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Plamegate: 20 Questions

Judith Miller's 'missing notebook' raises new questions in the search for the leaker of Valerie Plame's identity.
 
 
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If its recent track record is any guide, The New York Times , later today or tomorrow, will get around to confirming Michael Isikoff's Newsweek revelation [a search of the site indicates that they've yet to report it -- ed] late Saturday that the missing notes Judith Miller has suddenly found and turned over to the federal prosecutor in the Plame case were located in a notebook in the newspaper's Washington, D.C. bureau. The prosecutor, Patrick J. Fitzgerald, has now scheduled another meeting with Miller on Tuesday.

Besides the ongoing mystery of why the Times is always a step or two behind its competition in reporting on its own reporter, this latest twist raises several tantalizing issues. If anyone at the Times objects to raising the following questions: It's your own fault for not disclosing more about this case yourself.

Before getting to The Case of the Missing Notebook: What's with Miller , after going to jail for 85 days -- purportedly to stand up for a journalistic principle (protecting a source) -- now turning over her notes to the prosecutor, apparently with her newspaper's blessing?

The notes in question, we now know, cover a Miller discussion with I. Lewis Libby on June 23, 2003, two weeks before Joseph Wilson's WMD Op-Ed that was thought to have set the Bush backlash in motion. These notes, the Times has disclosed, do mention Joseph Wilson. Isikoff observes that the notebook is "significant because Wilson's identity was not yet public."

Miller's testimony to the grand jury nine days ago only covered her interviews with Libby on July 8 and July 12 of that year.

So, let's proceed:

--Did Libby lie to the grand jury about not talking to Miller about Wilson earlier than July 8? Did Miller lie about that? If so, why?

--How did Fitzgerald find out about these notes? Did he know about the June conversation for quite some time but just recently found out about the notes? Or did Miller come forward herself? If she did, was it after someone tipped off Fitzgerald about the June interview?

--Does the existence of a Miller chat with Libby two weeks before the Wilson Op-Ed, and well before Robert Novak outed Wilson's wife, Valerie Plame, as a CIA agent, indicate that Libby, indeed, was the original source of the Plame leak? And/or does it suggest that Miller herself was a "carrier" of that leak to others in the media and the administration, well before Novak's bombshell?

--If my research is correct, Fitzgerald's original subpoena involving Miller only covered her discussions about Plame post-Wilson's Op-Ed, which would explain why the June 23 interview may have slipped under the prosecutor's radar. In any case, if this June 23 chat was secret until now (for whatever reason), it might explain why Libby felt confident enough to urge Miller to testify --- and she felt okay about it herself, after his waiver.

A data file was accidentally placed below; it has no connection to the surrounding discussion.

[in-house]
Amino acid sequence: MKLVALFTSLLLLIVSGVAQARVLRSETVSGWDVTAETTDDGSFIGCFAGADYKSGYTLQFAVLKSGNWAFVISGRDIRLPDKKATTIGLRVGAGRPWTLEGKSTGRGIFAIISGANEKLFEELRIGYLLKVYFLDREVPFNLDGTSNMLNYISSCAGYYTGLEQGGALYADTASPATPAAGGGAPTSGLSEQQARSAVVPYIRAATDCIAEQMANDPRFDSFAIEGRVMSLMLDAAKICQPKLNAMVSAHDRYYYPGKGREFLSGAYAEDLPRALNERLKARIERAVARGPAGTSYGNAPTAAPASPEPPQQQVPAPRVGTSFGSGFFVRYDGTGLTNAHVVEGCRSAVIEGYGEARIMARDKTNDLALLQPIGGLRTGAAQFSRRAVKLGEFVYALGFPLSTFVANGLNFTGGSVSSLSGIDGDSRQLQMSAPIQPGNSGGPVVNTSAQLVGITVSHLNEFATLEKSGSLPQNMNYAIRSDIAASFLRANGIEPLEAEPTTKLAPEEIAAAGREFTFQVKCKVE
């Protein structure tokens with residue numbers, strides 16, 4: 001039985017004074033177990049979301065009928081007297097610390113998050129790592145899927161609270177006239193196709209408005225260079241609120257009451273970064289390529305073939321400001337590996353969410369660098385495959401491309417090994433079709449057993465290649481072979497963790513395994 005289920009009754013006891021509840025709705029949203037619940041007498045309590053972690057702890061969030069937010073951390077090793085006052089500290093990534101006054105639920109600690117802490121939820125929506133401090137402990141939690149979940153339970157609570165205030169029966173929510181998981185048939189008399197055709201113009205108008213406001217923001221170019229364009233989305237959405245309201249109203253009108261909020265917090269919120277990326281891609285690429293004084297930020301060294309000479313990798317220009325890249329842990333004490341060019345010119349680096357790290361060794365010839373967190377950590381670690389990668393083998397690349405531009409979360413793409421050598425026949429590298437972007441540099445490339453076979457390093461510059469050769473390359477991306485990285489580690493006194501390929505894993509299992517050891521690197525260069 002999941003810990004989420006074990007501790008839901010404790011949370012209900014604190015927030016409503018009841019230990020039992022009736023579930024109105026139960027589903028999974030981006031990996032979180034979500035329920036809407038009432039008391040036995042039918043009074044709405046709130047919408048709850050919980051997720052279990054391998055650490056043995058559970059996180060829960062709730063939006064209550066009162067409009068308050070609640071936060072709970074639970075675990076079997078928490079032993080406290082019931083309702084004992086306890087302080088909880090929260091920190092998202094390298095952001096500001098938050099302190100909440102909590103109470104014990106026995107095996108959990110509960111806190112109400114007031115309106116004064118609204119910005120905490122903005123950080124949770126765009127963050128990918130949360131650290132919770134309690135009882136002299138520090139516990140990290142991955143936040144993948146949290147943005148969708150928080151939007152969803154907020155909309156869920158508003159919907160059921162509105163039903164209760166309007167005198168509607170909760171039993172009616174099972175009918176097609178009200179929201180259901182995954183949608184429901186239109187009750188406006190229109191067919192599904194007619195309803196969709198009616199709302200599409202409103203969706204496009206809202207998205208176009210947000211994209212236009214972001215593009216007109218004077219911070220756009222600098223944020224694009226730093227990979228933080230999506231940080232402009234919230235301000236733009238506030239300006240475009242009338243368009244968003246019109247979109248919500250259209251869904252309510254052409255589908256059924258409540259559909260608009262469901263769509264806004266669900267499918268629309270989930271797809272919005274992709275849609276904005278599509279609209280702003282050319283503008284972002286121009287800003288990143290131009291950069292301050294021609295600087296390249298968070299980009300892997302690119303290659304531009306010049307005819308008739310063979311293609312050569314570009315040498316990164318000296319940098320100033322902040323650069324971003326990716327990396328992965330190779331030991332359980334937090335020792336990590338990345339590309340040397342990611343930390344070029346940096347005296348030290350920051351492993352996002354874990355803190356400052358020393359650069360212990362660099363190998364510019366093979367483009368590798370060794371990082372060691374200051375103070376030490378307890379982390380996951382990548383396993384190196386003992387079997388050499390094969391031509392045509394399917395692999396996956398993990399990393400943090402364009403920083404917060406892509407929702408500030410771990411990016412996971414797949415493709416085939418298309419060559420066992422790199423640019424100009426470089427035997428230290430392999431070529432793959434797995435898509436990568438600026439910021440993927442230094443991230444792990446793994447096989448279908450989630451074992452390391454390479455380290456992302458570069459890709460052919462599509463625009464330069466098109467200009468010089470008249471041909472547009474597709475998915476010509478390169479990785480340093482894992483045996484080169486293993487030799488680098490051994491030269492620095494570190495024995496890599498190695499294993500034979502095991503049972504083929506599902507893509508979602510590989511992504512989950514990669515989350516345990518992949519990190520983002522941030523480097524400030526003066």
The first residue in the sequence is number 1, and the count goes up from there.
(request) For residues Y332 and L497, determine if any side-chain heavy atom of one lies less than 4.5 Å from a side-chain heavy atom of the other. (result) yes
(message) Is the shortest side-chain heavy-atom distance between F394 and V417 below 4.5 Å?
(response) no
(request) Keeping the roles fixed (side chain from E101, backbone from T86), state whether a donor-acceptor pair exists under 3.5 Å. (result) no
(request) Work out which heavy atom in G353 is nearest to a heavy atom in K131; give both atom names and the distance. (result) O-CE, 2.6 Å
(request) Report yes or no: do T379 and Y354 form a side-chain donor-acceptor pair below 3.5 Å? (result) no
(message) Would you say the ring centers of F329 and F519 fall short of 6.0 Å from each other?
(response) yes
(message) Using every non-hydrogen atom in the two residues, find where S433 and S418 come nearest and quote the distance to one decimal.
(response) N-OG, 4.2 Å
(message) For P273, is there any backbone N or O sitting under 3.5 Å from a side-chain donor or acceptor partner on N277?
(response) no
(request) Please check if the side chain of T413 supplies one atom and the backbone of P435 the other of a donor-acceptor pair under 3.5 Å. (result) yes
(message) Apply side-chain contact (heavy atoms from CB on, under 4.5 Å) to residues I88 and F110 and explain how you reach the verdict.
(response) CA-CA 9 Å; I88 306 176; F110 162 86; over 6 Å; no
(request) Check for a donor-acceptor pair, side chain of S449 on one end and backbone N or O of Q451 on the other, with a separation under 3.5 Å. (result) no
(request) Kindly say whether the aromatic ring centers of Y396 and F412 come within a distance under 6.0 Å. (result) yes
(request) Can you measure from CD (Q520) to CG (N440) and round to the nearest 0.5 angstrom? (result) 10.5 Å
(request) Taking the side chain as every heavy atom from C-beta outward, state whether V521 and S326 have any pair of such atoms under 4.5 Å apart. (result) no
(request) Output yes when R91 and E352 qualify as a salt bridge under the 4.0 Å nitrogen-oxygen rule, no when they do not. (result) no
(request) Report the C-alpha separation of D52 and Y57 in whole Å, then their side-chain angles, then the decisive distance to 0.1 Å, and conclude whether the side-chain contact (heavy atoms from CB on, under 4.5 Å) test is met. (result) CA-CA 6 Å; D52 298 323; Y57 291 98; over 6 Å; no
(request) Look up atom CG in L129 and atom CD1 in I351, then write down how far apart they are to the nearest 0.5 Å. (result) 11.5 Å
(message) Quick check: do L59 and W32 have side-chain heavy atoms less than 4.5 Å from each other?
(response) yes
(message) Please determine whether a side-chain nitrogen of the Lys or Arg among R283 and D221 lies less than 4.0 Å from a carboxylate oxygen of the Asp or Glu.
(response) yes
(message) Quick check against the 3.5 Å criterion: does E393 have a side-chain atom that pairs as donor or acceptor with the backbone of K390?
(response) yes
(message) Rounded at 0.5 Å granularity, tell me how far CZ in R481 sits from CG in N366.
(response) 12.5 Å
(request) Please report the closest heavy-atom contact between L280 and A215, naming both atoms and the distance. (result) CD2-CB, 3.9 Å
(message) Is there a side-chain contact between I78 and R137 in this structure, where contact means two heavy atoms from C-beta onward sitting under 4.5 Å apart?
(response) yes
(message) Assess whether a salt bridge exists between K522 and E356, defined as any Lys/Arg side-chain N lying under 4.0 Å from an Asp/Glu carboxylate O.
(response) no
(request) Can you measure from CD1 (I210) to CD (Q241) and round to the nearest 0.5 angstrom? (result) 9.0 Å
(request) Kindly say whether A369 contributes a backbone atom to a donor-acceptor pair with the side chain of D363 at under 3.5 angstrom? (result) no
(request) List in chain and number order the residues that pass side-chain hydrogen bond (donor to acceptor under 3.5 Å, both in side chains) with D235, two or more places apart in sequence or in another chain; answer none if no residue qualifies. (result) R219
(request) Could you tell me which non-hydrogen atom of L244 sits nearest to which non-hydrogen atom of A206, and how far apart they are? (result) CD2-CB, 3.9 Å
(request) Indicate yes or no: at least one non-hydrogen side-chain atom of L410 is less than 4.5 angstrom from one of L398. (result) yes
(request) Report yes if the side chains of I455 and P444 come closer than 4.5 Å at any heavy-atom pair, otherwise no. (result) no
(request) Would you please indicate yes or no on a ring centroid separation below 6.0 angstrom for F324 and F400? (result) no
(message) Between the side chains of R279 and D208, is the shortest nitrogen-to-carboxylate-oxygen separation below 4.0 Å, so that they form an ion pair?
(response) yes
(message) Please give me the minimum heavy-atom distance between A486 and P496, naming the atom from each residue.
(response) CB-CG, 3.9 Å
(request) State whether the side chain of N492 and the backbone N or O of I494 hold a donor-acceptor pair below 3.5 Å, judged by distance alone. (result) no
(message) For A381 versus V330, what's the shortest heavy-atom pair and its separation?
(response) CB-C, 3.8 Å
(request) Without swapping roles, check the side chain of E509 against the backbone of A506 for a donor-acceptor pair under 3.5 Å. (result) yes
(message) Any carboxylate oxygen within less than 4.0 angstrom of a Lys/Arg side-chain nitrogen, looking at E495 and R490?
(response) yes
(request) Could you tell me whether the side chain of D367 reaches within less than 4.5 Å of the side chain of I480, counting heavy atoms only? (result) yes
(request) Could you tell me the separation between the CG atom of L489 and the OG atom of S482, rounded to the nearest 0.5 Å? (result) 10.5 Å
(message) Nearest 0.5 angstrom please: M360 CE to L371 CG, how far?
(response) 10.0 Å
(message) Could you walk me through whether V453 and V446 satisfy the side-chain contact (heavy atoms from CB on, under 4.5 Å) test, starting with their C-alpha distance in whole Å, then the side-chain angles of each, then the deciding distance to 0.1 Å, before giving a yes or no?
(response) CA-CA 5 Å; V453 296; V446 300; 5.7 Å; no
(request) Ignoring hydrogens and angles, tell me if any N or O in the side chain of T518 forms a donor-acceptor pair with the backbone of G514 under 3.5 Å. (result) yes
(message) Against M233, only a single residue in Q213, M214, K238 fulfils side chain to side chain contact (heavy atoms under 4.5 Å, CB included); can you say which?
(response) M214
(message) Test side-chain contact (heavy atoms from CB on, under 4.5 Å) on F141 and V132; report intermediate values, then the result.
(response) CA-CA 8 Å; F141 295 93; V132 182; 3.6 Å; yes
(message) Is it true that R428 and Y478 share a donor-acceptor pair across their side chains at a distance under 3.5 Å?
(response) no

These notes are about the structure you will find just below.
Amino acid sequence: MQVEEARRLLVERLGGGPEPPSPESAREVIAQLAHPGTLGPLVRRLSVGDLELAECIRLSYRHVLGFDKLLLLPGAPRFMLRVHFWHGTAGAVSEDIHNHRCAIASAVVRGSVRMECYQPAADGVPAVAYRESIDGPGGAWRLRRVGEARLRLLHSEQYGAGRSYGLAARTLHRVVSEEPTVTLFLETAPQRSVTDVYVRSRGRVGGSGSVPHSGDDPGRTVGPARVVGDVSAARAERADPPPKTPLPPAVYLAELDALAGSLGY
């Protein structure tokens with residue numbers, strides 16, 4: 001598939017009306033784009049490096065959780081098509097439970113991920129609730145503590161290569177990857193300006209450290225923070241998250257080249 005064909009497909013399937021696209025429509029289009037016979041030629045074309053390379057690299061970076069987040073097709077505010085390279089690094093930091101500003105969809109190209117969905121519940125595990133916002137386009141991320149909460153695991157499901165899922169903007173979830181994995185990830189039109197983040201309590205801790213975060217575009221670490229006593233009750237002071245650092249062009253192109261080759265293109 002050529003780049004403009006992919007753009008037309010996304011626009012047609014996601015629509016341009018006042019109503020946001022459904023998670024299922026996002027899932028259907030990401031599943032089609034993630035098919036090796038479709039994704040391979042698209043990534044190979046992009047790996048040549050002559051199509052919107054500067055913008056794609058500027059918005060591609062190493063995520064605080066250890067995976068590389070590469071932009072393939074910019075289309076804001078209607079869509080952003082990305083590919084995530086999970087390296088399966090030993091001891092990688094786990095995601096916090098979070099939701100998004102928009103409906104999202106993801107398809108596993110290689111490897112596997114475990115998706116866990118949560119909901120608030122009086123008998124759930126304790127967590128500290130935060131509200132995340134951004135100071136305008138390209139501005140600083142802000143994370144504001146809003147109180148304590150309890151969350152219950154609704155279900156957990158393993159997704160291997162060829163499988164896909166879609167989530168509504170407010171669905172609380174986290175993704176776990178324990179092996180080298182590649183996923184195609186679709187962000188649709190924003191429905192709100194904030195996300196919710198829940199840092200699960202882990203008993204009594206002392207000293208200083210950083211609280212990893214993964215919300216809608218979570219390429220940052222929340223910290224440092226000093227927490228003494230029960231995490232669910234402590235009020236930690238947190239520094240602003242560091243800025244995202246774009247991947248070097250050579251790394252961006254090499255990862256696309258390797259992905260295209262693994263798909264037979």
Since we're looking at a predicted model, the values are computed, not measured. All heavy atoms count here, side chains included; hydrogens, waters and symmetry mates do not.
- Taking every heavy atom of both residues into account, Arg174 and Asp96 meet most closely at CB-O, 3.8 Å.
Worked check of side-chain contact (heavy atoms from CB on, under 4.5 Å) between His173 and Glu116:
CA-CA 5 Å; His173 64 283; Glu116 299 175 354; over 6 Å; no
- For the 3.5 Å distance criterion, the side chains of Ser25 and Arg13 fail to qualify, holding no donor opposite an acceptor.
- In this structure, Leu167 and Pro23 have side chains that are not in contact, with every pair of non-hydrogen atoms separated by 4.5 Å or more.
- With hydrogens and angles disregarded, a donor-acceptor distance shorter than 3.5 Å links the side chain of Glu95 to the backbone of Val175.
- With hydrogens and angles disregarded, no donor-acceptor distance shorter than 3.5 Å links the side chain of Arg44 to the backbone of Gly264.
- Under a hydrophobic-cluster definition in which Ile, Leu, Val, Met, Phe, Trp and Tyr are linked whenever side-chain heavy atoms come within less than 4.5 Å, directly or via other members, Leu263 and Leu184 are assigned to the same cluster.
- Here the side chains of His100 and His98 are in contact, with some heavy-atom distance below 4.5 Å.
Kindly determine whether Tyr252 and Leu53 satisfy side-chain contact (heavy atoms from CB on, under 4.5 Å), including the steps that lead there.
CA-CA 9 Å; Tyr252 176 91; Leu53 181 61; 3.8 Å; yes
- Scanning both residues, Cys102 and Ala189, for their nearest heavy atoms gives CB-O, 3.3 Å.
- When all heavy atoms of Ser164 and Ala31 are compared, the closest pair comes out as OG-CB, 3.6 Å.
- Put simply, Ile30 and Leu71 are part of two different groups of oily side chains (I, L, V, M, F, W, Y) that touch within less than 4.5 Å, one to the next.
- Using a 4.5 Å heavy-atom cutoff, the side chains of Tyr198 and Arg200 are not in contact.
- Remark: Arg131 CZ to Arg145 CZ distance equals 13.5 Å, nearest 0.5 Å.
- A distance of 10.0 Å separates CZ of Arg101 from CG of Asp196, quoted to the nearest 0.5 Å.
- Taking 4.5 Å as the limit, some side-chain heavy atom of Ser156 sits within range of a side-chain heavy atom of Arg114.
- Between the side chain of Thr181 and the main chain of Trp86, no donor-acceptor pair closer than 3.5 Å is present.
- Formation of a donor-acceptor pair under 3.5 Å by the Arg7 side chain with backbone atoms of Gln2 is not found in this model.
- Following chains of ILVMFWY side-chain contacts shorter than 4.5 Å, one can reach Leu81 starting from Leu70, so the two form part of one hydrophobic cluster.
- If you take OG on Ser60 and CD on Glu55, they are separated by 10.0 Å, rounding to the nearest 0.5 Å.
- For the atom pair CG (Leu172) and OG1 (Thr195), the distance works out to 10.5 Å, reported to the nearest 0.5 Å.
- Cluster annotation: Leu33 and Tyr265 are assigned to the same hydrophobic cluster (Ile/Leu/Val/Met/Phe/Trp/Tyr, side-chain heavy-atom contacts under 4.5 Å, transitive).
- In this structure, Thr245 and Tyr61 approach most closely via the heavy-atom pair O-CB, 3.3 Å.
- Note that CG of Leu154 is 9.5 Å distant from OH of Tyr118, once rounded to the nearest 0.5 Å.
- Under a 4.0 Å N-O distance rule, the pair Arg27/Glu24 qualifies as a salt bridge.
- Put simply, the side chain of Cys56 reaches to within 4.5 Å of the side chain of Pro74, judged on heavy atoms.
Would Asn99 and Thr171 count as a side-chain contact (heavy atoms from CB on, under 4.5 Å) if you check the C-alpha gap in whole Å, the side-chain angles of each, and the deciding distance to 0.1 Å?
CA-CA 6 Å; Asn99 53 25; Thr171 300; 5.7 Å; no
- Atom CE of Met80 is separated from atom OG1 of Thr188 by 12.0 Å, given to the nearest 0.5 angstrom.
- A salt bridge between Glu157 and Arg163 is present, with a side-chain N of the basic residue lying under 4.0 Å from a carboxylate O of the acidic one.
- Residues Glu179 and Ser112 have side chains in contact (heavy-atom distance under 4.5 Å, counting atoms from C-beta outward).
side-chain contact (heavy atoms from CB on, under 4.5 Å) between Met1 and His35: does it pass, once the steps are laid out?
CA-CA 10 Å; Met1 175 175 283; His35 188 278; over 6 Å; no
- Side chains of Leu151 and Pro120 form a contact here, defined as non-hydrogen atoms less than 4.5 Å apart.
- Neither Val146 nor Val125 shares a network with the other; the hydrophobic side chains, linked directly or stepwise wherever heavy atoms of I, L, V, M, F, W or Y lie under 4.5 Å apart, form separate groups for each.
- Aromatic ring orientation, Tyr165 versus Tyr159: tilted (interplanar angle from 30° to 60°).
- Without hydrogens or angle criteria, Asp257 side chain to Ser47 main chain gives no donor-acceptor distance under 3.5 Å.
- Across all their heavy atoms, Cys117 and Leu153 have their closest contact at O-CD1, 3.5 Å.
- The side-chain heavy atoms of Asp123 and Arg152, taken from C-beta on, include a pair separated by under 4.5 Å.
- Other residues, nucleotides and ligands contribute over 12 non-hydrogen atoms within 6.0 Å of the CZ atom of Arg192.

--In that vein, consider the now infamous "aspens are already turning" Sept. 15, 2005, letter (and related column) from "Scooter" to "Judy." In that letter he practically instructed her on what to avoid and what to focus on in her testimony, specifically mentioning the "July" conversations. Was this his way of saying, "No one else knows about June 25, so it's safe for you to avoid that"?

--We know the Libby/Miller talk on June 23, 2003, involved Joe Wilson. One presumes it had something to do with his trip to Africa. Or did it actually focus on the original Niger/uranium claims and forged documents? Or perhaps Miller had learned that Wilson had submitted his Op-Ed to her newspaper, or at least had been asked to write one?

--Was Miller allowed to "redact" the June 23 notes, as she did with the July notes?

--Is the Times' reluctance to report fully on this case the result of being in a bit of hot water itself with the prosecutor? You'll recall that the prosecutor long ago subpoenaed the paper for any notes related to the probe and the Times replied that it had nothing --- or anything it did have belonged to its reporters (company policy, it said). Fitzgerald never seemed to challenge that. If Miller turned over the notes herself, is the Times still claiming the rule still stands?

--And while we're at it: Why have the Times' seven hard-hitting weekday opinion columnists remained virtually silent, pro or con, on their colleague Judith Miller throughout this ordeal? Conflicted? Afraid to appear disloyal? Or discouraged from commenting? And where's Public Editor Byron Calame?

Greg Mitchell ( gmitchell@editorandpublisher.com) is the editor of E&P. He is a finalist for an Online Journalism Award this year in the Commentary category.